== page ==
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Aldous Huxley (1894-1963)

Huxley was born in 1894 in a family that belonged in the English aristocrat literary and scientific environment. He spent most of the Twenties in Italy but then moved to France. He became politically active and wrote pamphlets against the Spanish civil war. In his last years, he lived in California and died in 1963.
His writings can be divided into three main phases:
• First: this phase was predominantly aesthetic and aimed to underline the nihilistic attitude of Modern society. Just like T.S. Eliot, Huxley wrote about the effects of the war on England and its People, who were affected by a moral breakdown and were condemned to a “world of broken images”. His main works in this phase are “Crome Yellow” and “Antic Hay”.
• The 2nd phase is characterised by a strong political and ethical commitment. In this phase belongs his most famous work “Brave New World” (1932), where he stated that the real enemy of humankind is human selfishness itself.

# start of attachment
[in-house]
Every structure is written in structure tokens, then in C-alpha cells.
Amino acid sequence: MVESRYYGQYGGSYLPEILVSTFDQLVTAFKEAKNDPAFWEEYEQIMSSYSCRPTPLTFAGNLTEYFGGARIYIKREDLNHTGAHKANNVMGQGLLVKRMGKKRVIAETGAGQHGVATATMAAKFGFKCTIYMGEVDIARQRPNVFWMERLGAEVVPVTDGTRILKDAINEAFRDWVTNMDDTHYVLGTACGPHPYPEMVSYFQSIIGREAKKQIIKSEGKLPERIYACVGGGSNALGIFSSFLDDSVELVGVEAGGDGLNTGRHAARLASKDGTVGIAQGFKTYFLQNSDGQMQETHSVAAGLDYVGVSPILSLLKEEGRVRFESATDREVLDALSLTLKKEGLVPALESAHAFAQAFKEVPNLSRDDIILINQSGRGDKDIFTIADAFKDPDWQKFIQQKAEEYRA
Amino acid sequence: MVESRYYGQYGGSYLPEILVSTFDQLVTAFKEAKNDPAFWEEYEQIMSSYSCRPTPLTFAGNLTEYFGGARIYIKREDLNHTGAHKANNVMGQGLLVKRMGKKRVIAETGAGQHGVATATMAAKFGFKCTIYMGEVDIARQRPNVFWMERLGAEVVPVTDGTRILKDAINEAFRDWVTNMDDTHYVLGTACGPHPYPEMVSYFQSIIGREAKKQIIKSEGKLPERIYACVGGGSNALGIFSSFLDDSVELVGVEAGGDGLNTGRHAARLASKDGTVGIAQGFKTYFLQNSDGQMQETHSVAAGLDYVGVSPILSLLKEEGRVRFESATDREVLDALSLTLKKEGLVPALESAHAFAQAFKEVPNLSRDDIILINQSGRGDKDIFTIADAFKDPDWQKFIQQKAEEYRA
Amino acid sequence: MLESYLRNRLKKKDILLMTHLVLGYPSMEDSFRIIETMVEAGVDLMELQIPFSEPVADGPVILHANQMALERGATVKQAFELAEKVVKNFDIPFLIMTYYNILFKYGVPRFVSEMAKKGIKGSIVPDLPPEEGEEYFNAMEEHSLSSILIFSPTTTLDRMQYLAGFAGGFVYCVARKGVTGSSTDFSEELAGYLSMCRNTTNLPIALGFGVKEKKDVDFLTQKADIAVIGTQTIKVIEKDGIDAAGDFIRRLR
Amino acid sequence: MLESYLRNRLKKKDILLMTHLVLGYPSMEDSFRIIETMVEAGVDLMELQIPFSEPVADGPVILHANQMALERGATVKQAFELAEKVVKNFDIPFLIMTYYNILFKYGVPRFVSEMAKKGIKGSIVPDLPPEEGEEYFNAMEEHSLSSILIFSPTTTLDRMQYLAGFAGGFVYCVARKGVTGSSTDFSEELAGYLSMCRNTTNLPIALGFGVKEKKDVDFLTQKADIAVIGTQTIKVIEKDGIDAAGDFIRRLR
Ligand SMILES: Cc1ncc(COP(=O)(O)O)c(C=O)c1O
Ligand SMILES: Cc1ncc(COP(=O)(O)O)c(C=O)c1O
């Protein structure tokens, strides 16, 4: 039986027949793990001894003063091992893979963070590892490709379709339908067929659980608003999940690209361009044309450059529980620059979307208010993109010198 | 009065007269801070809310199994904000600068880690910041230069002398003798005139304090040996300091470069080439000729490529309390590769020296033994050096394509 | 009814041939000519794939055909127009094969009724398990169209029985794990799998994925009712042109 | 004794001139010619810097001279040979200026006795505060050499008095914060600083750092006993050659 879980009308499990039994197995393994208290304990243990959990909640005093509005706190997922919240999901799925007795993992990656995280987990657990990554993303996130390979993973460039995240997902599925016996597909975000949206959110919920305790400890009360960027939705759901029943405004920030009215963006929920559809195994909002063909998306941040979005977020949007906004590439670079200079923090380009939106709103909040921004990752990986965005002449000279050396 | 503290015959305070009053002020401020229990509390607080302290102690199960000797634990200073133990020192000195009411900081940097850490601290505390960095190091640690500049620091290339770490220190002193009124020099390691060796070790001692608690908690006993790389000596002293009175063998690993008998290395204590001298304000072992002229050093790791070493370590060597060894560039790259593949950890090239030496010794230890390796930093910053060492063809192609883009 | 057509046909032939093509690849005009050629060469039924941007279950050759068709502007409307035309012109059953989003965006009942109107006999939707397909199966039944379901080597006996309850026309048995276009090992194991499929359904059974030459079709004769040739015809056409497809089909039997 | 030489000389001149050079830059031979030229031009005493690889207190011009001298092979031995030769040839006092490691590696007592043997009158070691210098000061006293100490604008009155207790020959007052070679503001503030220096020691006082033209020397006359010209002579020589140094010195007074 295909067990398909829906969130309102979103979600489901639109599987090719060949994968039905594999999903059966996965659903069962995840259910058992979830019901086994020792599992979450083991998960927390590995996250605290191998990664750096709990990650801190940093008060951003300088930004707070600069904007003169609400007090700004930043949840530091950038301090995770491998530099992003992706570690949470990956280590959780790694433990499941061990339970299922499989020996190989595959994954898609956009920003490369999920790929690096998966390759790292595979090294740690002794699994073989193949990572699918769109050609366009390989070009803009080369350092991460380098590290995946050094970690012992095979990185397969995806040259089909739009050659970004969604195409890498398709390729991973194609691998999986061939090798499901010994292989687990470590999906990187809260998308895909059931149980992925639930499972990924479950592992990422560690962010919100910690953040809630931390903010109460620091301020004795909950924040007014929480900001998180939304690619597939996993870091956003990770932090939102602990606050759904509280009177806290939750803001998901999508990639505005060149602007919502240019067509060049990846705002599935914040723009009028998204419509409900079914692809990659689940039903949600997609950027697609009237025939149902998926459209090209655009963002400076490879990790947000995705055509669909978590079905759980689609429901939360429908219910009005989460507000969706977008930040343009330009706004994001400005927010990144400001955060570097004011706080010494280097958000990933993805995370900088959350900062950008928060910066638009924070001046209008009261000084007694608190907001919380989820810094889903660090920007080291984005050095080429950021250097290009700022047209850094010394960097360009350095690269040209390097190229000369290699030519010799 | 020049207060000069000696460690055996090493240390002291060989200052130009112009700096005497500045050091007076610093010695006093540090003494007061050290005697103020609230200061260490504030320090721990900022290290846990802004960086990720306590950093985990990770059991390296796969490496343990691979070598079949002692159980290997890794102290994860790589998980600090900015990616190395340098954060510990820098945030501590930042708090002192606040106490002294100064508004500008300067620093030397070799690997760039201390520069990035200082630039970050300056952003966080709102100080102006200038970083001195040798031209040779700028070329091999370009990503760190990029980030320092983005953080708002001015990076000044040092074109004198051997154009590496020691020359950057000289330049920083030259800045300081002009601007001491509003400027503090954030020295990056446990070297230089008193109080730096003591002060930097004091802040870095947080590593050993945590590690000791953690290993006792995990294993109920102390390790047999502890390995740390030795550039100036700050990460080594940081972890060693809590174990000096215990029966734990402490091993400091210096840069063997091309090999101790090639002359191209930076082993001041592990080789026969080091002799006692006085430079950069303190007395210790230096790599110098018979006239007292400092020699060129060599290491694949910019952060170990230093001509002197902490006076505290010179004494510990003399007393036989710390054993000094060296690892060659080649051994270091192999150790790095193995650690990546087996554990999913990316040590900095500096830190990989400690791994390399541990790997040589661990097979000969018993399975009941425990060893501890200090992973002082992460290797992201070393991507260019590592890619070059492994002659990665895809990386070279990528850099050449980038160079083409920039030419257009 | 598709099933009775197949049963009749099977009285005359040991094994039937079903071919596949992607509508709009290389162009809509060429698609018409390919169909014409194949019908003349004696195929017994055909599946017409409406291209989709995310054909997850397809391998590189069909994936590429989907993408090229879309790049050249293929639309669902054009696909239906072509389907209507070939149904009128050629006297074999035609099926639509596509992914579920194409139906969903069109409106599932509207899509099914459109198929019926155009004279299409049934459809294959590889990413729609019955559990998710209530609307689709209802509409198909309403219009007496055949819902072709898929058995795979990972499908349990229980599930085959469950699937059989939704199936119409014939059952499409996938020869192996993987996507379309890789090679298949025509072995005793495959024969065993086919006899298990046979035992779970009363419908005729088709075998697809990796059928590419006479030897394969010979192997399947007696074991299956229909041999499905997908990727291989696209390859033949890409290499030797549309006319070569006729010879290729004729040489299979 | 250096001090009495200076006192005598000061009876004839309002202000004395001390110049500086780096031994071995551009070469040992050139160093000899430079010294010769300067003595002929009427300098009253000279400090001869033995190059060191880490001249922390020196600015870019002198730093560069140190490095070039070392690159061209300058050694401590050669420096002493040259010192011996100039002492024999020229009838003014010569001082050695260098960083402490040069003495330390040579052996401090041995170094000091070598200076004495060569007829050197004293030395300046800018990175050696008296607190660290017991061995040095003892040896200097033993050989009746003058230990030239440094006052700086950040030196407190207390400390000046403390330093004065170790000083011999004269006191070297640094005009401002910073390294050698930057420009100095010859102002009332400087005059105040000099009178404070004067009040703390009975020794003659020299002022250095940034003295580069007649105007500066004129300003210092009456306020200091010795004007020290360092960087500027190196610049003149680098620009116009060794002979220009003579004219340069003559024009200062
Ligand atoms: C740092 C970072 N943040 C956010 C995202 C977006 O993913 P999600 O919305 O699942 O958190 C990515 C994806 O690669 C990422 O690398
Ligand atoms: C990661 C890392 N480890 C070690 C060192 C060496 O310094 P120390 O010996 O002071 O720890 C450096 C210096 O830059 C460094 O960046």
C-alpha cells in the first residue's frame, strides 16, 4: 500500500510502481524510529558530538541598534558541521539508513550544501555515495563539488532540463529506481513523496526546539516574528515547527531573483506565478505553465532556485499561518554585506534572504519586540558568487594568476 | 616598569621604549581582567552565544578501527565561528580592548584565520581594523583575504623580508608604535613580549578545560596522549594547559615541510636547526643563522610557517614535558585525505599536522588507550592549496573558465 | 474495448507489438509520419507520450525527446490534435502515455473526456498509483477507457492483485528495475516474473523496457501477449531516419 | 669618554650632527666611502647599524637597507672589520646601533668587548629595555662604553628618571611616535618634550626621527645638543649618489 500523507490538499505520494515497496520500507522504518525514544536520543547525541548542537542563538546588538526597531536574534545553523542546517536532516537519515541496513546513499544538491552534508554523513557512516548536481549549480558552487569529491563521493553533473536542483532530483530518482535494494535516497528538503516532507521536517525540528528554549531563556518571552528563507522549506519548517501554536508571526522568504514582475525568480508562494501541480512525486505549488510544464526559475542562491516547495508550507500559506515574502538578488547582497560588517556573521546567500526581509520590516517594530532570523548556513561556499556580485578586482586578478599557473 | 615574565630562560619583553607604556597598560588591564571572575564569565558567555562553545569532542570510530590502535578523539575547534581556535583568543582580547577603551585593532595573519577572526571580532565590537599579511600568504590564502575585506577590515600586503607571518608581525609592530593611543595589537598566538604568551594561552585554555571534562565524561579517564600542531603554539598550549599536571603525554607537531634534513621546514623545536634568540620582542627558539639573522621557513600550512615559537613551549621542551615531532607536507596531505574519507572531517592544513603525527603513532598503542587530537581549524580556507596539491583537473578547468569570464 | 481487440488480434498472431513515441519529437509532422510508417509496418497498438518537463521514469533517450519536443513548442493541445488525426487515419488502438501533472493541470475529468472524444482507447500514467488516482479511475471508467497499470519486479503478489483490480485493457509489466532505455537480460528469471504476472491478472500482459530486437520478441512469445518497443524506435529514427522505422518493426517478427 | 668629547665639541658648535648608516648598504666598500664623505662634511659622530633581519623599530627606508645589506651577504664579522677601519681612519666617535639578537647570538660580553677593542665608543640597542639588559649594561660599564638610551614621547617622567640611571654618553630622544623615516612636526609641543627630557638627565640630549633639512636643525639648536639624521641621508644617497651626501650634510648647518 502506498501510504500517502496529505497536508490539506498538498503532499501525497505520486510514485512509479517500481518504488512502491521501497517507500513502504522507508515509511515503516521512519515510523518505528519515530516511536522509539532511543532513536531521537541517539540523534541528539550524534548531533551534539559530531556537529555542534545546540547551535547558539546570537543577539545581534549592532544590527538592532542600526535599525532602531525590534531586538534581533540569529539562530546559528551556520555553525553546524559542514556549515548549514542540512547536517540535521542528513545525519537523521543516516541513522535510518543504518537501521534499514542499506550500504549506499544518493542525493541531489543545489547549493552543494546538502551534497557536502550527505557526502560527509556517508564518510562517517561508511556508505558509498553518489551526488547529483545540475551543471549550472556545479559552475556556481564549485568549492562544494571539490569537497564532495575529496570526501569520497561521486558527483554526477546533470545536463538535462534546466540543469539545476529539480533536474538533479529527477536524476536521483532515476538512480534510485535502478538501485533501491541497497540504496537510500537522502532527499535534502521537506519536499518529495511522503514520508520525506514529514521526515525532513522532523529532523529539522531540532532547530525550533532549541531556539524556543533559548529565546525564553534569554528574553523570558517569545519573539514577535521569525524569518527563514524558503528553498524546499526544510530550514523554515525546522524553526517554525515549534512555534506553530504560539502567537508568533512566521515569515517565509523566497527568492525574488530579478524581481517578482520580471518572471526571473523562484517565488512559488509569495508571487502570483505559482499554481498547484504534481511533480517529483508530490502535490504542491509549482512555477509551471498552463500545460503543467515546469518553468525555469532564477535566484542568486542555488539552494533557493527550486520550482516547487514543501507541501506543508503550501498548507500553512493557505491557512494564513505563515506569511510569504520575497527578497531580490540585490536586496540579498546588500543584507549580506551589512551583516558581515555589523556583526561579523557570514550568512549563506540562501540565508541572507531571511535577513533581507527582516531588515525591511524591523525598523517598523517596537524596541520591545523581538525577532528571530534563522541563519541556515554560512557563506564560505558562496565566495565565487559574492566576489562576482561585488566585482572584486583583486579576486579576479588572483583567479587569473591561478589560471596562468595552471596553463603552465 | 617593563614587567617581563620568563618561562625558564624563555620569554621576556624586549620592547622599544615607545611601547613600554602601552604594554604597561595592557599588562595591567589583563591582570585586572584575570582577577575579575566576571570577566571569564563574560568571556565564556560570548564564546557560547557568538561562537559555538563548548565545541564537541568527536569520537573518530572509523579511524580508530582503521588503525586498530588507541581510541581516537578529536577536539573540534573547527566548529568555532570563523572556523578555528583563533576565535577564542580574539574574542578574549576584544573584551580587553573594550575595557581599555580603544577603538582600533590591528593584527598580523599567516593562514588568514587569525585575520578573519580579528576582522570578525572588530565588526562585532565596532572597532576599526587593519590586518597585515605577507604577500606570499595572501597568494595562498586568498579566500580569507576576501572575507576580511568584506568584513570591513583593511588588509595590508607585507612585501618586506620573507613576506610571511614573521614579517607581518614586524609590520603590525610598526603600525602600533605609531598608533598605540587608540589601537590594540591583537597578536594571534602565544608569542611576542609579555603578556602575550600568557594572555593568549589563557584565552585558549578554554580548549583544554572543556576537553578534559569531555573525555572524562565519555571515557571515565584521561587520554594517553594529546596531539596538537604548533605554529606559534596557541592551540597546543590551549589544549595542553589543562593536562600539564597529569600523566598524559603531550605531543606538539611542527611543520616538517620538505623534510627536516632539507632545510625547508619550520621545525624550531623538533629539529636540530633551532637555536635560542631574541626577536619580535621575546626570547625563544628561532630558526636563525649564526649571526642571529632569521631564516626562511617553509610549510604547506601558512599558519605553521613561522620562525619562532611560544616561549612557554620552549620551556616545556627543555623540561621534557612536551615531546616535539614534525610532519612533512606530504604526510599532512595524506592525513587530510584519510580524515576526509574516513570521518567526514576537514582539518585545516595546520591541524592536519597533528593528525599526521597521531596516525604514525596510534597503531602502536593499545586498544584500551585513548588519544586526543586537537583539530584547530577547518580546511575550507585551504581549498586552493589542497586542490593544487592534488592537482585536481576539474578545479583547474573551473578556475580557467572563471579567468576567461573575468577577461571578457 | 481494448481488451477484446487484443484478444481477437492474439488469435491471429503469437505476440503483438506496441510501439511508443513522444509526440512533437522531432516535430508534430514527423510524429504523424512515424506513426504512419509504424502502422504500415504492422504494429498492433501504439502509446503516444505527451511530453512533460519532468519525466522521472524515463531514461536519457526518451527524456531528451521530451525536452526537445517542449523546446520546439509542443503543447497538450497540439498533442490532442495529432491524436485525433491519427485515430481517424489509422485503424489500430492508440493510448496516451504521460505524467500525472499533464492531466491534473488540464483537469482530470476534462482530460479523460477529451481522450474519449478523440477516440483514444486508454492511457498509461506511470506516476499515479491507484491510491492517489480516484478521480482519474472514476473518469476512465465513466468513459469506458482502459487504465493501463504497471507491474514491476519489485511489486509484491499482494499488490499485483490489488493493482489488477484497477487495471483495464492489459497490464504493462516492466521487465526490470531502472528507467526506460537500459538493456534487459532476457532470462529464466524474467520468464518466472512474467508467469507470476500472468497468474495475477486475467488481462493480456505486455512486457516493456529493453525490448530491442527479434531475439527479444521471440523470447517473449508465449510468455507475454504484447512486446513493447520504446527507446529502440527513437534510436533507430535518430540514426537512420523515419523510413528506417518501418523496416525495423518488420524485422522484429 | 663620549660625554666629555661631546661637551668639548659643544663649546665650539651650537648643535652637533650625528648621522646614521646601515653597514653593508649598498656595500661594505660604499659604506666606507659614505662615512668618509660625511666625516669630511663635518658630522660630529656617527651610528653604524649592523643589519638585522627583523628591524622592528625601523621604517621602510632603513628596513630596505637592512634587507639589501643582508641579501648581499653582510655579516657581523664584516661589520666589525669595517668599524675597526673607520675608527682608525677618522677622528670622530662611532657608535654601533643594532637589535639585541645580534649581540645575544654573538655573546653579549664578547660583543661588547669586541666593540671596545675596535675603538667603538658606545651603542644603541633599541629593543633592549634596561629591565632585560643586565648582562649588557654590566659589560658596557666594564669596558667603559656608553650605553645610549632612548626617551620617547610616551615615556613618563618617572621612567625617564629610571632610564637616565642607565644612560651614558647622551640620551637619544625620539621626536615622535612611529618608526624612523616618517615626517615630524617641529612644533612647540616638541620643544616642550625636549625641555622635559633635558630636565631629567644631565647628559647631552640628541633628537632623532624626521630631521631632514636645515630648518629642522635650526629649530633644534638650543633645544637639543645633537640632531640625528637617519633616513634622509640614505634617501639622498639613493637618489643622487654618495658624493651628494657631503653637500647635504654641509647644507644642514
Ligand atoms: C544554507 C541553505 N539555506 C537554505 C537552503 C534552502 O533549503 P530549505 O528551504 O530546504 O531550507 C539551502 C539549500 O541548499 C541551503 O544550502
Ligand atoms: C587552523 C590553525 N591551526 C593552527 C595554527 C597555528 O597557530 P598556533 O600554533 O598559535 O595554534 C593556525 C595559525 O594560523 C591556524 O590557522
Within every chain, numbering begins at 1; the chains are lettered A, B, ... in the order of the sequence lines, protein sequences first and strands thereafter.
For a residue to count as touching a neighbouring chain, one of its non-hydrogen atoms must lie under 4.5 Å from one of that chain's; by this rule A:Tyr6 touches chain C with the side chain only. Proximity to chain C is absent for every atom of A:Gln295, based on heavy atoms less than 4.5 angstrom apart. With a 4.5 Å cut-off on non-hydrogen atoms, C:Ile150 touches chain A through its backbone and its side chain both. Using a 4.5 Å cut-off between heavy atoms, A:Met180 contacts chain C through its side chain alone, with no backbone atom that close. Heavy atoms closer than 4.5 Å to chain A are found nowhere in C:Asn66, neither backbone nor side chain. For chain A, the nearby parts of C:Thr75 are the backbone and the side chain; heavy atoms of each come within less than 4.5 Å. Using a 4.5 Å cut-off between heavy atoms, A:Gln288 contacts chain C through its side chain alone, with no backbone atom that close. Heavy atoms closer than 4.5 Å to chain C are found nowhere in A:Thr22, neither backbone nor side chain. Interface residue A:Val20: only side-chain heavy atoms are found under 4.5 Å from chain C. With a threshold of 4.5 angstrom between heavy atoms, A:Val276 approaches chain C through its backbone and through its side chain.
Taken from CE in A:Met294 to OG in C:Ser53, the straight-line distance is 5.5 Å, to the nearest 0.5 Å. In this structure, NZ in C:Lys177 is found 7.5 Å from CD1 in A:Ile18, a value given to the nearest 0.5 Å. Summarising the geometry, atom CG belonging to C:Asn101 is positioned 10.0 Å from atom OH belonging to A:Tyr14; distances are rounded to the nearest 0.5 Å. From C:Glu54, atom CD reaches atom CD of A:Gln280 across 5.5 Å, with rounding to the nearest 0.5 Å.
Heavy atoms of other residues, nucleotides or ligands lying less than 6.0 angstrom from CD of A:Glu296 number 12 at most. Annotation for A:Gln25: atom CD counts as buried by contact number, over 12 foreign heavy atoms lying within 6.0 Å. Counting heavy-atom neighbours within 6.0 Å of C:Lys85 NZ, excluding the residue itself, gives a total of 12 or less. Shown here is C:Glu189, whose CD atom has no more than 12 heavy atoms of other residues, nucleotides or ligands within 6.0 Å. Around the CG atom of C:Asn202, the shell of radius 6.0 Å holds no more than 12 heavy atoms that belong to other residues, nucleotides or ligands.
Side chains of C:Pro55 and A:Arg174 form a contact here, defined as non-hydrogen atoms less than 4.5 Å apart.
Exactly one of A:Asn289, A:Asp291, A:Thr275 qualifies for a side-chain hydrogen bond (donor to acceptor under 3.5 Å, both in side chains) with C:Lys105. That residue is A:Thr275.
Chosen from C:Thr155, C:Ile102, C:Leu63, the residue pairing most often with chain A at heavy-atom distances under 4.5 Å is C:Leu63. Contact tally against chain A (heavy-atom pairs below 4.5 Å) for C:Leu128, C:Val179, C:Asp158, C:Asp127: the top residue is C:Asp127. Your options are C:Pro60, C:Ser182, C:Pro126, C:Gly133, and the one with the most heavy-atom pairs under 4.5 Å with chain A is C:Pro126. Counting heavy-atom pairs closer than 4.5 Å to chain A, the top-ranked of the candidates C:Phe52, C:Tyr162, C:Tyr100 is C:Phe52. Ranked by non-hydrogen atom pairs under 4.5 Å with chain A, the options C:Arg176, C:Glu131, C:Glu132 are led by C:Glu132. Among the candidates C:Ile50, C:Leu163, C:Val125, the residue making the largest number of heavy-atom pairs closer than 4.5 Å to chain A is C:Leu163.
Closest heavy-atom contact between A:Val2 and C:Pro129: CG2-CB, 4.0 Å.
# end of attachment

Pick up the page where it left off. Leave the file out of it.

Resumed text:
• Third: In his last phase, Huxley dedicated himself to the Metaphysical and experienced drugs trying to subvert the mechanistic world he lived in, by trying to deeply understand reality.

Brave New World (1932)

Brave New World is an anti-utopian novel, whose title comes from Shakespeare’s work The Tempest, where Miranda seeing another human being for the first time says “Oh brave new world that has such people in it!”. This book is about John, a Savage, who has the opportunity to go live in the “civilised” world, or “new world”. Here time is counted after Henry Ford and every individual is conditioned to happiness for life. One’s role in society is decided at birth and everyone is brainwashed to be constantly satisfied, and thanks to the use of “soma”, a drug used to solve any issue. John, disgusted by the new world, meets Mustapha, a Resident Controller, and discuss with him on the meaning of happiness and freedom, and the importance of “negative” emotions. John then becomes a victim of scientific experiments and this symbolises Huxley’s pessimism and lack of hope.
This novel is influenced by the Wellsian works “A Modern Utopia” and “Men like Gods”, and is a satire of what the former author feared and disliked.
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